Published On: Wed, Sep 9th, 2015

Unique Places in Rome, Italy

Short breaks to Rome are a popular choice for many travelers with no shortage of iconic landmarks and cultural gems to explore – holidays to Rome are popular all year round for this very reason. The city is also home to many hidden treasures and unique attractions. Here are five of the best that you’ll want to visit.

Capuchin Crypt

The Via Veneto is one of the city’s most exclusive streets – home to opulent hotels, fine dining restaurants and designer shops. It’s an unlikely location for this eerie and fascinating collection of tiny, underground crypts. Nestled beneath the church of Santa Maria della Concezione dei Cappuccini, travellers will find five chambers constructed with the human bones of over 4,000 Capuchin friars. There’s a small entry fee but it’s worth it. There’s even a crypt dedicated entirely to pelvises.

Pantheon in Rome photo/ Traveltipy Flickr

Pantheon in Rome photo/ Traveltipy Flickr

Catacombs of Rome

There are approximately 40 known catacombs located outside the ancient walls of Rome. The catacombs of St Callixtus are widely recognized as the most significant with over half a million bodies and 16 popes buried here. It was the official burial place for many of Rome’s early Christians and home to countless martyrs. Guided tours run daily, taking you deep into the heart of these spooky, underground passages.

Quartiere Coppede

Coppede is the smallest district in Italy and remains a hotchpotch of bizarre architecture and unconventional beauty. Located between the two streets Via Salaria and Via Nomentana, it often gets overlooked by tourists. It’s a shame because it’s one of the city’s most unusual and beautiful sights. Designed by architect Gino Coppede, it’s an eclectic mix of baroque architecture with art nouveau, medieval and Greek influences. It makes for an otherworldly experience with the unique fountains and architecture giving the viewer a sense of charming asymmetry.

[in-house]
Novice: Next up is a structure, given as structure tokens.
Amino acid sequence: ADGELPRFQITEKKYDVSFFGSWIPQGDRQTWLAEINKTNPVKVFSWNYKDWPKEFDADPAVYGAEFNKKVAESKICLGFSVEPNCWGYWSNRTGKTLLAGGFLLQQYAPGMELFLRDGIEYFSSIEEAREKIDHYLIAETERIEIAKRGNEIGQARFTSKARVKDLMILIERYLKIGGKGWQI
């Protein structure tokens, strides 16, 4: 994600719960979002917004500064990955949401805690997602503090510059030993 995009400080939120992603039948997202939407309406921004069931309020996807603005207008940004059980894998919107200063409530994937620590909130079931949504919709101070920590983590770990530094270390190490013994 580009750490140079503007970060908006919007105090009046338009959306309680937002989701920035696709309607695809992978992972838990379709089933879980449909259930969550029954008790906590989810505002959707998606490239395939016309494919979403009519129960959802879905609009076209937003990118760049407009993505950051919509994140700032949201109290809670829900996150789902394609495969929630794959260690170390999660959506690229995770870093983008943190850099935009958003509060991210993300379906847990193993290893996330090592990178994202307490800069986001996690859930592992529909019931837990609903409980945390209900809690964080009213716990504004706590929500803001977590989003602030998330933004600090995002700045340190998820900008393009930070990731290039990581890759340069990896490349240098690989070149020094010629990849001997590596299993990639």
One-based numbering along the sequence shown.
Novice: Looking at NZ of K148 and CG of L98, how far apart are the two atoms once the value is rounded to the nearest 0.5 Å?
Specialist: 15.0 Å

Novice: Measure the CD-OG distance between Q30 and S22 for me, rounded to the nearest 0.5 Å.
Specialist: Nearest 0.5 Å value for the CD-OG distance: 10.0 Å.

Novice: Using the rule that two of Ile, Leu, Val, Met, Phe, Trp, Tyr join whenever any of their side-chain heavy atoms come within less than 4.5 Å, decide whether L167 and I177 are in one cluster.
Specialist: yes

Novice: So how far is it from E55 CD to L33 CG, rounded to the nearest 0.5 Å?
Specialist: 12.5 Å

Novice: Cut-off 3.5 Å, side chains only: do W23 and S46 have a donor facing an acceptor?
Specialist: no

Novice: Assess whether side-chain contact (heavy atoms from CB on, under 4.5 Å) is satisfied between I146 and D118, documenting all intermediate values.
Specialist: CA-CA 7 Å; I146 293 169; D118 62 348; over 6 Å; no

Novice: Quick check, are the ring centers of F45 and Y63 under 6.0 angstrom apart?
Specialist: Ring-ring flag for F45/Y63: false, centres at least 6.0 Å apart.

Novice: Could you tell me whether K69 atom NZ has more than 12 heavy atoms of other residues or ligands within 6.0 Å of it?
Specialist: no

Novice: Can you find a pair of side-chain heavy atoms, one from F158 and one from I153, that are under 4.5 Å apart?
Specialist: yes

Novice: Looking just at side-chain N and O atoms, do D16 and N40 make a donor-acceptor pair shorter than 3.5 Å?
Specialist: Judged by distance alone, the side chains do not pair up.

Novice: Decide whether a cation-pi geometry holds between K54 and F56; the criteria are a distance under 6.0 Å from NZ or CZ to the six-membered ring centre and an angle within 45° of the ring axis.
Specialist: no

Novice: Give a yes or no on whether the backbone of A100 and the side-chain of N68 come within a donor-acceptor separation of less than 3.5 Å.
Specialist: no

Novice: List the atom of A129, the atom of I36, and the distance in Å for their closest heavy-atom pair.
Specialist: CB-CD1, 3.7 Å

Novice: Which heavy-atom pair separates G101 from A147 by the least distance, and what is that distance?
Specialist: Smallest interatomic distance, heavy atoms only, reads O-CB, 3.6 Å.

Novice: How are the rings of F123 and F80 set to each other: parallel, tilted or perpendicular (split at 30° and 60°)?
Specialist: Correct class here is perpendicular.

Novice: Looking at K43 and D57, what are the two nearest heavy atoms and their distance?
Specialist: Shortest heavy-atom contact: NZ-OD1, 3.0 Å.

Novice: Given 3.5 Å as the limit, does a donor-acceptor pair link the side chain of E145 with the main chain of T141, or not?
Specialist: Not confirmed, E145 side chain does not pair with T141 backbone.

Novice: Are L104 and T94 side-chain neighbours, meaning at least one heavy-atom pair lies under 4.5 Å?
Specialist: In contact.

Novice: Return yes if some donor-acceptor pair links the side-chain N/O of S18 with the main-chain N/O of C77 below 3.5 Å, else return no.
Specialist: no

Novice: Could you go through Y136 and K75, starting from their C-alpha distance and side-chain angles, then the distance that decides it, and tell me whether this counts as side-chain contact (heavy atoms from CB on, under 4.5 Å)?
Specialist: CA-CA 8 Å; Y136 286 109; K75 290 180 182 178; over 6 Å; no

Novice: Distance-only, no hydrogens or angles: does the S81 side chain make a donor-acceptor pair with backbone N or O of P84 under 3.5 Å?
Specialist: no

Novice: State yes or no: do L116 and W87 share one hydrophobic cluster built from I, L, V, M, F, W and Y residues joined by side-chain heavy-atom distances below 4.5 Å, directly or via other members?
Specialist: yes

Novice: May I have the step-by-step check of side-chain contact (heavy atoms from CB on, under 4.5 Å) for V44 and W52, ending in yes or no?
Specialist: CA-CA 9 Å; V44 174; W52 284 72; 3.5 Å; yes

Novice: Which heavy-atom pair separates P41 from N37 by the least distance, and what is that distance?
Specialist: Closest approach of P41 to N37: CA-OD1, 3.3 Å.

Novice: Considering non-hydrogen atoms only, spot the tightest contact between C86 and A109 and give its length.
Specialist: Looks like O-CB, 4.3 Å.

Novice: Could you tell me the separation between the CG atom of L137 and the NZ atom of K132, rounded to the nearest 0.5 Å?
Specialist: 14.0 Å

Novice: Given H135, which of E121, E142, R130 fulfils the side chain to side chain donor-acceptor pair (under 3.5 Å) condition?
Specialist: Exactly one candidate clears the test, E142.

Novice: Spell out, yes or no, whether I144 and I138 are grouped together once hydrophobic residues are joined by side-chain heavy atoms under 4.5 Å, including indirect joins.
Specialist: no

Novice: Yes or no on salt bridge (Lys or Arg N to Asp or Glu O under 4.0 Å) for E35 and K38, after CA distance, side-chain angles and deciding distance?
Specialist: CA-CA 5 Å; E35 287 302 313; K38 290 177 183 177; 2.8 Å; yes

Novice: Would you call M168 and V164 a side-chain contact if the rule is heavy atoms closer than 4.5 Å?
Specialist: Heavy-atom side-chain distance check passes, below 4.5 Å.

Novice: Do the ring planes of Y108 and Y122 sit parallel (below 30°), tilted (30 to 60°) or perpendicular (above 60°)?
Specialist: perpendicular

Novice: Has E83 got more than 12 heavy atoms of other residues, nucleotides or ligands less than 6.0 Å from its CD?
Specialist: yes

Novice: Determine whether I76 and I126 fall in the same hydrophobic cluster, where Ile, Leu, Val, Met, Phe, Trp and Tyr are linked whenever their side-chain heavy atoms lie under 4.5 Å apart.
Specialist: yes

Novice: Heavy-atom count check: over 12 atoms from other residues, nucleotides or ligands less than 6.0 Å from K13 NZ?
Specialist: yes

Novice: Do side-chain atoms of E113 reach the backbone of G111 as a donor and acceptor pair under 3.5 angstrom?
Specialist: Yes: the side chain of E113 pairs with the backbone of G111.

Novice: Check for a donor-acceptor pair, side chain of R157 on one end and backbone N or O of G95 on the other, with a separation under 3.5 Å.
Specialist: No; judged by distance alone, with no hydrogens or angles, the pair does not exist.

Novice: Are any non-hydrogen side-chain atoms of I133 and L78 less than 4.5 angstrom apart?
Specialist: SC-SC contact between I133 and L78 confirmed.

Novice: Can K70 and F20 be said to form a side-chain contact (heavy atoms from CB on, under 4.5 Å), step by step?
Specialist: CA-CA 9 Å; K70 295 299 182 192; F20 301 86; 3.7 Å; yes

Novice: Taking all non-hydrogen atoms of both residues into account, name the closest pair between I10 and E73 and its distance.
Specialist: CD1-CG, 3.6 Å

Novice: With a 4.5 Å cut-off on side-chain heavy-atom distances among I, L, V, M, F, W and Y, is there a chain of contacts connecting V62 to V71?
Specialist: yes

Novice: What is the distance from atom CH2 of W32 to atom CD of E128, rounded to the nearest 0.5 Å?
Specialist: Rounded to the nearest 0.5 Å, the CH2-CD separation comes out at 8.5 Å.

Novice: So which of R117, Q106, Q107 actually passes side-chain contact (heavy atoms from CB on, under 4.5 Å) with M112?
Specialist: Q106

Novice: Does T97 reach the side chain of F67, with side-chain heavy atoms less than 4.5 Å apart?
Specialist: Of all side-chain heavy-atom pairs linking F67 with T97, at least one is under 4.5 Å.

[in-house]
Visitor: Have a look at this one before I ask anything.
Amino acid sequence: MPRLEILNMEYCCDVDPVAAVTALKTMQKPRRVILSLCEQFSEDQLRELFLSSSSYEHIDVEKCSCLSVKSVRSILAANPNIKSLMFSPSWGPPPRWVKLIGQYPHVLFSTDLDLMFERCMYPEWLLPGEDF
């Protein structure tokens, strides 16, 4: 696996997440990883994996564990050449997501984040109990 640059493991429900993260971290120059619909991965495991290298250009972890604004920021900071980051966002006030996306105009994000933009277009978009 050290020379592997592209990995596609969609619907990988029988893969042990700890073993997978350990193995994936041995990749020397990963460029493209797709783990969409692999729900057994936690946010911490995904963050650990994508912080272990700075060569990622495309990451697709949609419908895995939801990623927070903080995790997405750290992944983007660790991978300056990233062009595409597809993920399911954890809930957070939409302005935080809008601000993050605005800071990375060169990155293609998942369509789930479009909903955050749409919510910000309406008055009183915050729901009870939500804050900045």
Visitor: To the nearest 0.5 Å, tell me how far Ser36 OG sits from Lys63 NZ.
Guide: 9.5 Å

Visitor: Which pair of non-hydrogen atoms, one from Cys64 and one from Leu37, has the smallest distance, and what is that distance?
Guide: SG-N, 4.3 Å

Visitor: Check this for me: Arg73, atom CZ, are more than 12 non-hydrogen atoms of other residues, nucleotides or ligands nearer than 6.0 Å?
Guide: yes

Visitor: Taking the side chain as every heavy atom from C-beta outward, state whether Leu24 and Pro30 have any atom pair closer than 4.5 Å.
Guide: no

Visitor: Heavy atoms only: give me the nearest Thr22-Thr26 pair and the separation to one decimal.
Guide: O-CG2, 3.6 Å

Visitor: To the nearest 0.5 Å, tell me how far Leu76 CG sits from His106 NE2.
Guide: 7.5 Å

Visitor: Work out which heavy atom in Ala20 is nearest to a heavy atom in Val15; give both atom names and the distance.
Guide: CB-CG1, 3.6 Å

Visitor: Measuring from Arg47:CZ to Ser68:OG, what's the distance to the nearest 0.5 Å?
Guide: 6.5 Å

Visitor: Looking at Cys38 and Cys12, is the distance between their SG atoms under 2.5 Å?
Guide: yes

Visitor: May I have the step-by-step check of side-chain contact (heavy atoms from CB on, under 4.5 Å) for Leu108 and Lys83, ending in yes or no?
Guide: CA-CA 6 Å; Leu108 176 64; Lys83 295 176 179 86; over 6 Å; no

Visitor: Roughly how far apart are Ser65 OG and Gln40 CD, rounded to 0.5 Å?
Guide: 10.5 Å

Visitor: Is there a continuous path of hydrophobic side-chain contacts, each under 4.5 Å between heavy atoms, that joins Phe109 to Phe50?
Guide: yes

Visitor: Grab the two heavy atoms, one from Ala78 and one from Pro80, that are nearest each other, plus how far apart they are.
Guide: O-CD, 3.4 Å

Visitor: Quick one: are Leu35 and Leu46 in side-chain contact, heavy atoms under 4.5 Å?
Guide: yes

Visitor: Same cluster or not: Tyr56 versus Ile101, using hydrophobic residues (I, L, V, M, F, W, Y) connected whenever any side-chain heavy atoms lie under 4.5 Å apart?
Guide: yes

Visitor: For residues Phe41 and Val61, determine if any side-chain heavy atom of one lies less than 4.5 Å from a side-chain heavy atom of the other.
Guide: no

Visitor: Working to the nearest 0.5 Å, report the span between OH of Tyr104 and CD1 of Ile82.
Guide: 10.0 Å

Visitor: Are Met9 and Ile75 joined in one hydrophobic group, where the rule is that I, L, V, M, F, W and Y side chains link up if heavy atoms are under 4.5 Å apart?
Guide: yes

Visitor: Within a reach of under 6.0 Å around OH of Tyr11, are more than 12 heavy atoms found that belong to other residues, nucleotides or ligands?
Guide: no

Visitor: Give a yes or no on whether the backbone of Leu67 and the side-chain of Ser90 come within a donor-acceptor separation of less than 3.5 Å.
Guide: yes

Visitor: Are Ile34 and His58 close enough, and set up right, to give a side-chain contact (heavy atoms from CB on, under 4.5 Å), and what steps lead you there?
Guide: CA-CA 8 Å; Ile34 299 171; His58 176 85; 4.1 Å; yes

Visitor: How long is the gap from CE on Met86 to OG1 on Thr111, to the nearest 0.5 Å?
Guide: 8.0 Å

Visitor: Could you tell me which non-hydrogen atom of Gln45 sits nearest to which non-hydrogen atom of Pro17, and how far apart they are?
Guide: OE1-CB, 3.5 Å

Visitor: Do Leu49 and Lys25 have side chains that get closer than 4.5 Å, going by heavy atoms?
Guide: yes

This Roman monument has legendary status as the biggest, unreinforced brick dome in the history of architecture. At over 2,000 years old, it remains one of the best preserved ancient monuments in the world. Although its interior has been converted from a temple of pagan gods, it still has original Roman features. This includes a marble floor with a series of intricate geometric patterns, guaranteed to leave you impressed.

Museum of Souls in Purgatory

This peculiar attraction is found in the Neo gothic church of Sacro Curore del Suffragio on the banks of the River Tiber. A small museum consists of framed photographs or artefacts along a wall. You can marvel at spooky relics and ghostly hand prints seared into objects and items of clothing. It was once seen as evidence for those trapped in Purgatory trying to get to heaven.

Be sure to explore some of Rome’s unique attractions on your next holiday to Italy. It’s a great way to enjoy the city without following the crowds.

Guest Author: Lance Sprewell

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  1. Eva says:

    Good article, only I would correct facts about the Pantheon. The dome is made of unreinforced CONCRETE. It was finished in 127 AD, it is then about 1800 years old. Inside is preserved not only the floor, but all the columns and marble from the time it was built.

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